The following information was presented
in this chapter:
As people in the U.S. started to have nationalism, the country expanded
their territories based on the belief. The expansion started in North
America, Latin America, and the Pacific.
- Economic, military, and moral reasons are the three main reasons
the U.S. tried to influence other nations.
- In North America, the U.S. purchased
Alaska from Russia in 1867 and were forced to earn Florida and the
Louisiana territory from Spain.
- In Latin America, President Monroe declared
the Monroe Doctrine to stop European countries to expand their control
over territory in Latin America.
- Puerto Rico became a territory of the U.S. in the Teller Amendment.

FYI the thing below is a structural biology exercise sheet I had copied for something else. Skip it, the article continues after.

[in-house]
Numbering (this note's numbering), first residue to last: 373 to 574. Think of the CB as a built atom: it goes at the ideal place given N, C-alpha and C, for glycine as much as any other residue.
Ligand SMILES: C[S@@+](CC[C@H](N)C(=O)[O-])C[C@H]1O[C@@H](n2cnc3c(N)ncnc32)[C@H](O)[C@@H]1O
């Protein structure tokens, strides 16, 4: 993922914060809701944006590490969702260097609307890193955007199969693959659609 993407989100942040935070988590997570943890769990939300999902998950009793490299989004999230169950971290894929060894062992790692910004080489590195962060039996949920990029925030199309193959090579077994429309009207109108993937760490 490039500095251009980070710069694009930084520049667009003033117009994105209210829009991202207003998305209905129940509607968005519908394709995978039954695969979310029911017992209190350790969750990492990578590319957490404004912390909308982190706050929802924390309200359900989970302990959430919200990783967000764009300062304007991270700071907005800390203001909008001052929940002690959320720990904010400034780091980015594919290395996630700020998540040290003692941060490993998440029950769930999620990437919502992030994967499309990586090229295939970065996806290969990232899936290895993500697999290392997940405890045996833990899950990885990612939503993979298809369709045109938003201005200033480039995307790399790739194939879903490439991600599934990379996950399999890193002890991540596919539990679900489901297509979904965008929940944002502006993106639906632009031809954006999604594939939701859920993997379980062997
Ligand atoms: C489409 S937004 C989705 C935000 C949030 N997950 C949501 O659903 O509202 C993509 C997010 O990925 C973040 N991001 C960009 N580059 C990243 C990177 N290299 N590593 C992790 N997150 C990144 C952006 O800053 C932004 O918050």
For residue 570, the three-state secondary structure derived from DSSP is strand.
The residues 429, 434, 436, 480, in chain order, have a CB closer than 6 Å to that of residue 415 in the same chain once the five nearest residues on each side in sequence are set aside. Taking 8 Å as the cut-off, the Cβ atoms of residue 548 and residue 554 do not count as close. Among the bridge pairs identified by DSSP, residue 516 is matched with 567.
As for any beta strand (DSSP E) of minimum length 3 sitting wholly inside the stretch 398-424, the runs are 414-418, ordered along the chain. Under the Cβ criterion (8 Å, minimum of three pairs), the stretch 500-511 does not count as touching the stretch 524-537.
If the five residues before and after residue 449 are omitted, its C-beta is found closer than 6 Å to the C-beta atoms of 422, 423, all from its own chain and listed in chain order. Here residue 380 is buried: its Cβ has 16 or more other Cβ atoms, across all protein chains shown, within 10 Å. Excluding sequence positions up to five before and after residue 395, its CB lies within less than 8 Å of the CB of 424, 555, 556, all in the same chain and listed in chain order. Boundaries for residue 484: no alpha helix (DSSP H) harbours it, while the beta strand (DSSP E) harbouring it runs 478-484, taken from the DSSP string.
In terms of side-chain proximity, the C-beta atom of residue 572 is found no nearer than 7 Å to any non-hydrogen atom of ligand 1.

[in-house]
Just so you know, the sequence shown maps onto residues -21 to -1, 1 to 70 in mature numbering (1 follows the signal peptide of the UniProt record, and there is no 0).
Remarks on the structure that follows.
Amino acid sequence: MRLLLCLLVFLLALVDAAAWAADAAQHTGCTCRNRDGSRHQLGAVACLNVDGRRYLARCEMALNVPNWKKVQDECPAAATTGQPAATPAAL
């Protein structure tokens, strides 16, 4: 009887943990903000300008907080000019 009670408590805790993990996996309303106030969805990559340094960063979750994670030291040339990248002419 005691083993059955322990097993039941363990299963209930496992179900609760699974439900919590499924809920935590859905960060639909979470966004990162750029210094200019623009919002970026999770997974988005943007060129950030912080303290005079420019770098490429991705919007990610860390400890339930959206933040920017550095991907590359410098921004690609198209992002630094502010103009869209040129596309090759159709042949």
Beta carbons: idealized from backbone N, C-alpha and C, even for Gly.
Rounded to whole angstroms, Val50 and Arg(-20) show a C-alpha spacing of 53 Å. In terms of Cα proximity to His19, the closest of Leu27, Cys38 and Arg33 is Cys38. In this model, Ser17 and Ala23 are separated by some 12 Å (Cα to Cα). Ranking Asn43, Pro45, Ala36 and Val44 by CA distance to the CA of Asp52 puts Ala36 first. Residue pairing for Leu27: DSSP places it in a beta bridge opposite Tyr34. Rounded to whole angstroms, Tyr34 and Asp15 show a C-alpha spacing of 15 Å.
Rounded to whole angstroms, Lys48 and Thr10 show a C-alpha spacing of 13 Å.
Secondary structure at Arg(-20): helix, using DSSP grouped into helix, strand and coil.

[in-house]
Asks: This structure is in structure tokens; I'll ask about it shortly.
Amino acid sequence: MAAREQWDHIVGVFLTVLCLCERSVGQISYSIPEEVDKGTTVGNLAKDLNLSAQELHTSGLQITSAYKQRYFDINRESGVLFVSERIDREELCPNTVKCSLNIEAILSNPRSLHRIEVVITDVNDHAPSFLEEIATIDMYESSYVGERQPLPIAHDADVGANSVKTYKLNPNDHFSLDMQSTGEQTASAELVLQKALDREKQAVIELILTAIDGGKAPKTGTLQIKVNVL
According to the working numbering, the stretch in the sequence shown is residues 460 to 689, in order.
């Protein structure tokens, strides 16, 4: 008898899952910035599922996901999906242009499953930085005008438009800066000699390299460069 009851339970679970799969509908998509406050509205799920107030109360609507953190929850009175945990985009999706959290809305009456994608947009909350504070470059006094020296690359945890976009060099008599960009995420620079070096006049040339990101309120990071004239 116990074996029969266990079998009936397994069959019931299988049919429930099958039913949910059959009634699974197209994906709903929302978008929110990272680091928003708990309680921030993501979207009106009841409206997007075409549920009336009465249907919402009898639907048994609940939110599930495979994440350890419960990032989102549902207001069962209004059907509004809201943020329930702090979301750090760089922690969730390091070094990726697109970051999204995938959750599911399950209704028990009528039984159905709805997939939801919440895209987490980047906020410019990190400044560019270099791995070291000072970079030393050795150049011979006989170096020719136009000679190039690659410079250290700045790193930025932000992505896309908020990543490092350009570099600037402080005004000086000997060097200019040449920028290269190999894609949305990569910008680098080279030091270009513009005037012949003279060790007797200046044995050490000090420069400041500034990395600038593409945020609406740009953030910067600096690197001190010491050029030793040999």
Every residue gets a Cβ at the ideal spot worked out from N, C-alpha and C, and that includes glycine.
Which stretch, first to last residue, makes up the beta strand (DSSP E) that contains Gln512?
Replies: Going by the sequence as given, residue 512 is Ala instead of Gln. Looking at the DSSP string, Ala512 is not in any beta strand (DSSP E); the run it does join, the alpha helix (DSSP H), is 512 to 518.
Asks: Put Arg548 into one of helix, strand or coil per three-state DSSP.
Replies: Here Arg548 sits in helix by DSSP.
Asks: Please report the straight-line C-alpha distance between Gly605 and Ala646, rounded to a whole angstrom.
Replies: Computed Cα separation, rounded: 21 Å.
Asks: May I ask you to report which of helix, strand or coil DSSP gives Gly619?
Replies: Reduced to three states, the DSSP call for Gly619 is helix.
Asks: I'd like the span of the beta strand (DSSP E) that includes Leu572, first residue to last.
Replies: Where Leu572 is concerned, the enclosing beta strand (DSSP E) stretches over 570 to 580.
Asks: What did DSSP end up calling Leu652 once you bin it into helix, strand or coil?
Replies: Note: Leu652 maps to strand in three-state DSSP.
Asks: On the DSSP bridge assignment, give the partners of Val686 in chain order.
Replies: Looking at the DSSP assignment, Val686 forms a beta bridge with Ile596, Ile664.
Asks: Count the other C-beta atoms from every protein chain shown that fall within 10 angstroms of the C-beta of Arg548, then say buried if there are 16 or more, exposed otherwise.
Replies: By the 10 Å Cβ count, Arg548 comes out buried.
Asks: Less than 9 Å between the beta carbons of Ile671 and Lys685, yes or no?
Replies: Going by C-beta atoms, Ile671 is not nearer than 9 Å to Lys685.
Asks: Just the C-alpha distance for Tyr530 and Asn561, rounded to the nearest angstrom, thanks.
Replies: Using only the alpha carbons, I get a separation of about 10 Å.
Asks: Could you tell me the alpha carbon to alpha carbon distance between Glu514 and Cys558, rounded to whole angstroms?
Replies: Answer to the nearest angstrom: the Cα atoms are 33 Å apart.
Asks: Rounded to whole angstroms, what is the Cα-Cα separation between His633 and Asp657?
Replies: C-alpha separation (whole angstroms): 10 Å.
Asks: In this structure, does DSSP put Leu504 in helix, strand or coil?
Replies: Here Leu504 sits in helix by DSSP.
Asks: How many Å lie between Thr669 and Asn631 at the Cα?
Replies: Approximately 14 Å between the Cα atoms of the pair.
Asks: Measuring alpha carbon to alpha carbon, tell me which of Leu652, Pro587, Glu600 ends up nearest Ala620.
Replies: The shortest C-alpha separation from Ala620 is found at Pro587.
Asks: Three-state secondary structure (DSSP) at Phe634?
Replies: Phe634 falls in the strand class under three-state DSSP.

- In the Pacific, the U.S. dominated in the Philippines, Hawaii,
and China and accommodated
Important dates to remember:
1854 Matthew C. Perry, American Commander, took his navy to Japan
and forced the Japanese to trade
1867 The U.S. bought Alaska from Russia.
1895 A dispute between
Venezuela and Great Britain (the U.S. demonstrated its influence
in the Americas).
1898 The Spanish-American War.
1901 Platt Amendment was passed.
1904 Roosevelt Corollary was issued.
1906-1909 American troops started a revolution in Cuba and remained
1912 All the U.S. territories in North America formed into the
Who's who in this chapter:
Alexis de Tocqueville was a French writer who compared the American
and Russian patterns of expansion and predicted the two will be
the most powerful nations on earth during the 1900s.
Pancho Villa and Emilliano Zapata were rebel
leaders who succeeded to make the U.S. involved in the war and make
it look like the U.S. was supporting the Mexican government.
William Seward, the Secretary of State, was known for his purchase
of Alaska. Because people thought it was a foolish purchase, they
called it Seward's folly.